Once, when I was four years old, during the summer, I wondered if I could ski down a hill next to our barn. I fetched my skis from their hook on the barn wall, carried them to the hill, strapped them on, and stood on the grass facing downhill. I didn't move, so I took off the skis and put them back in the barn.

I like to make paintings by trying to ski on grass. More often than not, the method doesn't work. If that were the end of the process, I would throw the painting out. However, it's never the end. I do something else.

With any luck, and by continuing to take actions, the thing that results on the paper or canvas has an impact in terms of line, color and so on, but is also tied back to me and my attempts. These are inextricable. I want the viewer to see and know what I did and in what order.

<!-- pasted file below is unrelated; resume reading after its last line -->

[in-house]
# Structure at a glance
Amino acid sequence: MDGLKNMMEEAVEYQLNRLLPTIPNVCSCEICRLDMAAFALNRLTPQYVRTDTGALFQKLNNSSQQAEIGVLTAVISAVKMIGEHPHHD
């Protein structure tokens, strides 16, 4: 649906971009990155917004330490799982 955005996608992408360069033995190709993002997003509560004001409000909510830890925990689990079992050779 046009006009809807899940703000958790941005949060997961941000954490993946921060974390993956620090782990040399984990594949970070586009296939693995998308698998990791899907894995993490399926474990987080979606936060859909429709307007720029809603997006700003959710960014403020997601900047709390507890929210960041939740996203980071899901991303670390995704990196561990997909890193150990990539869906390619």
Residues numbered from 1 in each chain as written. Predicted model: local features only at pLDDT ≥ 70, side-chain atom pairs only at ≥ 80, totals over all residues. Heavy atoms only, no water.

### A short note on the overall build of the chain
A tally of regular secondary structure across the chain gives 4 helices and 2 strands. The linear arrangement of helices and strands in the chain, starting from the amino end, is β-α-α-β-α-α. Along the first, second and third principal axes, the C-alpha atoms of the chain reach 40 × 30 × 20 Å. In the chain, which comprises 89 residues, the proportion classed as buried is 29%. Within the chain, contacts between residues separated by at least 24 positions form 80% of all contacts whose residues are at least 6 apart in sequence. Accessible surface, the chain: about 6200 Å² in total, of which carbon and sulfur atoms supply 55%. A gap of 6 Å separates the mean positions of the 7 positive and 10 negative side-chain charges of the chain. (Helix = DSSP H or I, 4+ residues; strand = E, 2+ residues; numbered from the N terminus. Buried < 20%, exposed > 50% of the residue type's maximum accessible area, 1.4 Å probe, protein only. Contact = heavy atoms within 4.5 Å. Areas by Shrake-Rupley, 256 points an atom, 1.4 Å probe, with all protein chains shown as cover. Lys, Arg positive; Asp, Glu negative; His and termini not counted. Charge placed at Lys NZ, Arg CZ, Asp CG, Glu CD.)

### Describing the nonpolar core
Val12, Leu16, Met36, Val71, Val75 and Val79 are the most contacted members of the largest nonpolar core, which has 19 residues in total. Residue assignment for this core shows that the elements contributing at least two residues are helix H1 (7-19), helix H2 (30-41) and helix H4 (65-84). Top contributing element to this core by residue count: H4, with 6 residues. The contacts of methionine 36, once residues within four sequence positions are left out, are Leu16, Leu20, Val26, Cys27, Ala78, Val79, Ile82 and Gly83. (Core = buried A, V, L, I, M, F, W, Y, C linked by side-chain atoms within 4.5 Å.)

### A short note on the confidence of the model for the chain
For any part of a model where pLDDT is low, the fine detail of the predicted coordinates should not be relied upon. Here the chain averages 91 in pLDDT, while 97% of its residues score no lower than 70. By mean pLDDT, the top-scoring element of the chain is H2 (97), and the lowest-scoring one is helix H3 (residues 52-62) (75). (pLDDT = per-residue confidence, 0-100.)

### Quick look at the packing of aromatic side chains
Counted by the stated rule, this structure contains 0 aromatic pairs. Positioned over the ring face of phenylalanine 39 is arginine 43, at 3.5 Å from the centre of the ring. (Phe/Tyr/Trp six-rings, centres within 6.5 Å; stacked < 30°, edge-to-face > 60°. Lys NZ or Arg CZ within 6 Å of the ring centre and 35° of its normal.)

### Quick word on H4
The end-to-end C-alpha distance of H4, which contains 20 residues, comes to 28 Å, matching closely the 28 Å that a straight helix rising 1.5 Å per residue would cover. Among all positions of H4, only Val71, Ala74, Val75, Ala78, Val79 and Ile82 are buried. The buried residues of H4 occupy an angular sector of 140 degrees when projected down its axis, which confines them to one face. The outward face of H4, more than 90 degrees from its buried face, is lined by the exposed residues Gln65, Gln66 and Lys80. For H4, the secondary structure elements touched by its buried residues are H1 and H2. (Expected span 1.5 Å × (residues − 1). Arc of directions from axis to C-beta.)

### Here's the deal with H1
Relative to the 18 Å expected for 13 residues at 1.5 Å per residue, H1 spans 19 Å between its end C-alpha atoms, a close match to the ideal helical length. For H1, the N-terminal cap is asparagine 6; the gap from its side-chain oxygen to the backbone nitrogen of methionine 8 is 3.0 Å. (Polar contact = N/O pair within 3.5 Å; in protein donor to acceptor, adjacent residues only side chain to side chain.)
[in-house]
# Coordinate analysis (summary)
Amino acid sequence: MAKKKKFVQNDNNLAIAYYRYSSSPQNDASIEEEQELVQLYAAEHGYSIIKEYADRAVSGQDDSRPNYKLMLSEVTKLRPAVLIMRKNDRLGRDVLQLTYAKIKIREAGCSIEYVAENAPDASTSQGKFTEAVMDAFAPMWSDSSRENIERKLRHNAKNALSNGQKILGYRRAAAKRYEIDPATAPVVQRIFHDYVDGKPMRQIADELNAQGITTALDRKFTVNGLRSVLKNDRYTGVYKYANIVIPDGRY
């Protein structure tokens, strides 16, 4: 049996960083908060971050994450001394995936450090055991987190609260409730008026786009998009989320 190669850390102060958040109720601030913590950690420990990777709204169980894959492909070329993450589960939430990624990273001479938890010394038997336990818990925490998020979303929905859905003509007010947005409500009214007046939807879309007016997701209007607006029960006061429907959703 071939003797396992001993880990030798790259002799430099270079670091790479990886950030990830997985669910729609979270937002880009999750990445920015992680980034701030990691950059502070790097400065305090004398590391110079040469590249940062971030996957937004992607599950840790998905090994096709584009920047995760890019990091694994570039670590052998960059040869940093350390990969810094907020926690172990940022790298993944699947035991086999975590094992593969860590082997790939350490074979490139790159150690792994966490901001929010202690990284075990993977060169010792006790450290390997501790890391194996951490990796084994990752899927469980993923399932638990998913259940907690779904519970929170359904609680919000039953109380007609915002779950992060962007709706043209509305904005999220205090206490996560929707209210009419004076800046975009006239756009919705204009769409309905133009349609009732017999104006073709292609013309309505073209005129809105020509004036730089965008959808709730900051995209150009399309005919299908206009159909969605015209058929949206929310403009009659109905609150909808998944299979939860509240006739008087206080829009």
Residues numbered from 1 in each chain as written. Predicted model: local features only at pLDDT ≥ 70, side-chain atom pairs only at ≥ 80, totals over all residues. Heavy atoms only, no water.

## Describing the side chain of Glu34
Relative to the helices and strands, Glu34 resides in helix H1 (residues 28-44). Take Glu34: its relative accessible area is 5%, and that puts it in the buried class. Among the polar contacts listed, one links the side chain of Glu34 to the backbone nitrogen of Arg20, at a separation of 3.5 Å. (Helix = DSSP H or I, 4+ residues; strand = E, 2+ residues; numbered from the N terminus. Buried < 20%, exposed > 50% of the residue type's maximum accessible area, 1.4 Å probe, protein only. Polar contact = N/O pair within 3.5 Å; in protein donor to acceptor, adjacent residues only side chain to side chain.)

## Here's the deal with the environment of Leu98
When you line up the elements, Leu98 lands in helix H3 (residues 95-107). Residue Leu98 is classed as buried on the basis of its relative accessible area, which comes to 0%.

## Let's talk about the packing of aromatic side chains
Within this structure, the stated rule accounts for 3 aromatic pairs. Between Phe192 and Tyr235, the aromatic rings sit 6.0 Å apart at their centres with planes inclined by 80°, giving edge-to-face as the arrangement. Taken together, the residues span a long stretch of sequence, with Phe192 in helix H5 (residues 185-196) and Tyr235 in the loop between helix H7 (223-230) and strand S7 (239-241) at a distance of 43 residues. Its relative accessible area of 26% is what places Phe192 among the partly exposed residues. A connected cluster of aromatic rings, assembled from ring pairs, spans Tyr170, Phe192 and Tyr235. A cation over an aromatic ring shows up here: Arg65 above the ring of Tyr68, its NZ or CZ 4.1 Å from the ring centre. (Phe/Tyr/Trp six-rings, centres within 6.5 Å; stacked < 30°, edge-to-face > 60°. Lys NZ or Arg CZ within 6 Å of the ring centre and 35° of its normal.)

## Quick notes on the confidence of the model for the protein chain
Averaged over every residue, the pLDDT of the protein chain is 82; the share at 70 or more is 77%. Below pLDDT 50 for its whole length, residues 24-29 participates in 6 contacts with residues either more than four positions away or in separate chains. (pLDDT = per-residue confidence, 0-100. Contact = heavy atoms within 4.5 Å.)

The longer the process goes on, the more difficult it is to preserve a narrative. That’s my main challenge. All I can hope for is that the actions are visible subliminally. But at a certain point, it becomes more about the picture than about me. Then the temptation is to start picking at it to make it look like something. That’s when I often take a radical action -- some kind of erasure -- that would be an obvious action to the viewer. Still, it's not like I'm starting from the beginning -- because I value the history, the pentimenti, which are like old stories.